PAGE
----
Today there is a desire to perform optimizations in order to receive optimal system properties. However, for computationally expensive simulation models, an optimization maybe too tedious to be motivated. This paper proposes a modification of the Complexoptimization algorithm to enable the creation and usage of local meta-models during theoptimization. Its performance is demonstrated for a few analytical problems and a reliabilitybased design optimization is conducted for an aircraft example.

  • 46.
    Persson, Johan
    et al.
    Linköping University, Department of Management and Engineering, Machine Design. Linköping University, The Institute of Technology.
    Ölvander, Johan
    Linköping University, Department of Management and Engineering, Machine Design. Linköping University, The Institute of Technology.
    Comparison of Different Uses of Metamodels for Robust Design Optimization2013Conference paper (Other academic)
    Abstract [en]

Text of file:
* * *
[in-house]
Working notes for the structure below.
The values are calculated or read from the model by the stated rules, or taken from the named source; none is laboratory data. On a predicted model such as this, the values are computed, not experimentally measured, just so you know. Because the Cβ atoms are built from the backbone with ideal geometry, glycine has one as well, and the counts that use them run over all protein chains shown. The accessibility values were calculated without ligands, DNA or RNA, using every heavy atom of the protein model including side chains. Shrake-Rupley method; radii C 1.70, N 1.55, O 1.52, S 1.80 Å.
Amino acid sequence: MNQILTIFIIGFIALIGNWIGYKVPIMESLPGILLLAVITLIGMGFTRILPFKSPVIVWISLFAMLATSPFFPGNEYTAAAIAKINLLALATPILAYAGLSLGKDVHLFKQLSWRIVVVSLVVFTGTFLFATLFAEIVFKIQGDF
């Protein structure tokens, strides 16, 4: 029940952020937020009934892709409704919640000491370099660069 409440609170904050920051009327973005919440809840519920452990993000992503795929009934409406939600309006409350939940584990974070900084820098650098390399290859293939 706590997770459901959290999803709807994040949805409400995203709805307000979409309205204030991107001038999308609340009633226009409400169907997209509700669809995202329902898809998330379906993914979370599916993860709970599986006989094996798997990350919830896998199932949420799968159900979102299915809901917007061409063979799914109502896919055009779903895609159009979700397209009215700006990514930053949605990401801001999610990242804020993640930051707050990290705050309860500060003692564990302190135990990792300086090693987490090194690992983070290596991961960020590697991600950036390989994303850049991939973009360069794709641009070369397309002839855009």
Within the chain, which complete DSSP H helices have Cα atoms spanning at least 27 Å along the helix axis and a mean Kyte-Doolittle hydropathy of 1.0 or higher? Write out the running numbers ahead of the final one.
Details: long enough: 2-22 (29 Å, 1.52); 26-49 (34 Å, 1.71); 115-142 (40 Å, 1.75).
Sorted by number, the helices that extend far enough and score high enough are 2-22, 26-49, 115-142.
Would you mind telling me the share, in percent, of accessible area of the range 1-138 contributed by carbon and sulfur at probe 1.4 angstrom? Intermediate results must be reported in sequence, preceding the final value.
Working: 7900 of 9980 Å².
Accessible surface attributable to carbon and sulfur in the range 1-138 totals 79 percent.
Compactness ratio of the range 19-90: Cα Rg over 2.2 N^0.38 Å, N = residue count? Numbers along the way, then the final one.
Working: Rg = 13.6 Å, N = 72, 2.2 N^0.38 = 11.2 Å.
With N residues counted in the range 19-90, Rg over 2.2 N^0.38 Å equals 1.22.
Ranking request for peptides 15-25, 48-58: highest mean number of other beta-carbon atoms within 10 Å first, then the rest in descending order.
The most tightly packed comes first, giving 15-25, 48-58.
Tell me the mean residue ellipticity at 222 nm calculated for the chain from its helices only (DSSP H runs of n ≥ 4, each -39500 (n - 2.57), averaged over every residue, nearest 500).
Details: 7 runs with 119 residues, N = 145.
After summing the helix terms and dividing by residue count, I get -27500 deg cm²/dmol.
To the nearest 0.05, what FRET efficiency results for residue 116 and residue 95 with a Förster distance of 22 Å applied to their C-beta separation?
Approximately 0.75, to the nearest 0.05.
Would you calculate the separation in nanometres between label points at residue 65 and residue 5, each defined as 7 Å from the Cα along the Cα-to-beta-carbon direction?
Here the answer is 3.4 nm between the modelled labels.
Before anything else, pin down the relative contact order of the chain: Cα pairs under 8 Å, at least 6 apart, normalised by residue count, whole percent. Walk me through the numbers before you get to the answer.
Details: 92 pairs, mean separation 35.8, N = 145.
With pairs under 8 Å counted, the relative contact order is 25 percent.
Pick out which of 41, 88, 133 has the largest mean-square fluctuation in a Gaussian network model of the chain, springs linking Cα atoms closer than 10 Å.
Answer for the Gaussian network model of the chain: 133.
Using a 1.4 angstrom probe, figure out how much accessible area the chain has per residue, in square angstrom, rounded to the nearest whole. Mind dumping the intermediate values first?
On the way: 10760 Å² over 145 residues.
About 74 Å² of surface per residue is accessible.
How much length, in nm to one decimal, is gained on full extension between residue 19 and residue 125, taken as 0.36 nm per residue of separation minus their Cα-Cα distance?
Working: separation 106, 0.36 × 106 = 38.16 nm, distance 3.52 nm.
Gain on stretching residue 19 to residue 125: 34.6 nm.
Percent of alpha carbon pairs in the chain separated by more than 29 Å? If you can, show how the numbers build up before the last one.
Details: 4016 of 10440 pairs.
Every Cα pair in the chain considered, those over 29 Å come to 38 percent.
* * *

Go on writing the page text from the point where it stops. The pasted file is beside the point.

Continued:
This paper compares different approaches for using kriging metamodels for robust design optimization, with the aim of improving the knowledge of the performance of the approaches. A popular approach is to first fit a metamodel to the original model and then perform the robust design optimization on the metamodel. However, it is also possible to create metamodels during the optimization. Additionally, the metamodel need not necessarily reanimate the original model; it may also model the mean value, variance or the actual objective function. The comparisons are made with two analytical functions and a dynamic simulation model of an aircraft system as an engineering application. In the comparisons, it is seen that creating a global metamodel before the optimization begins slightly outperforms the other approaches that involve metamodels.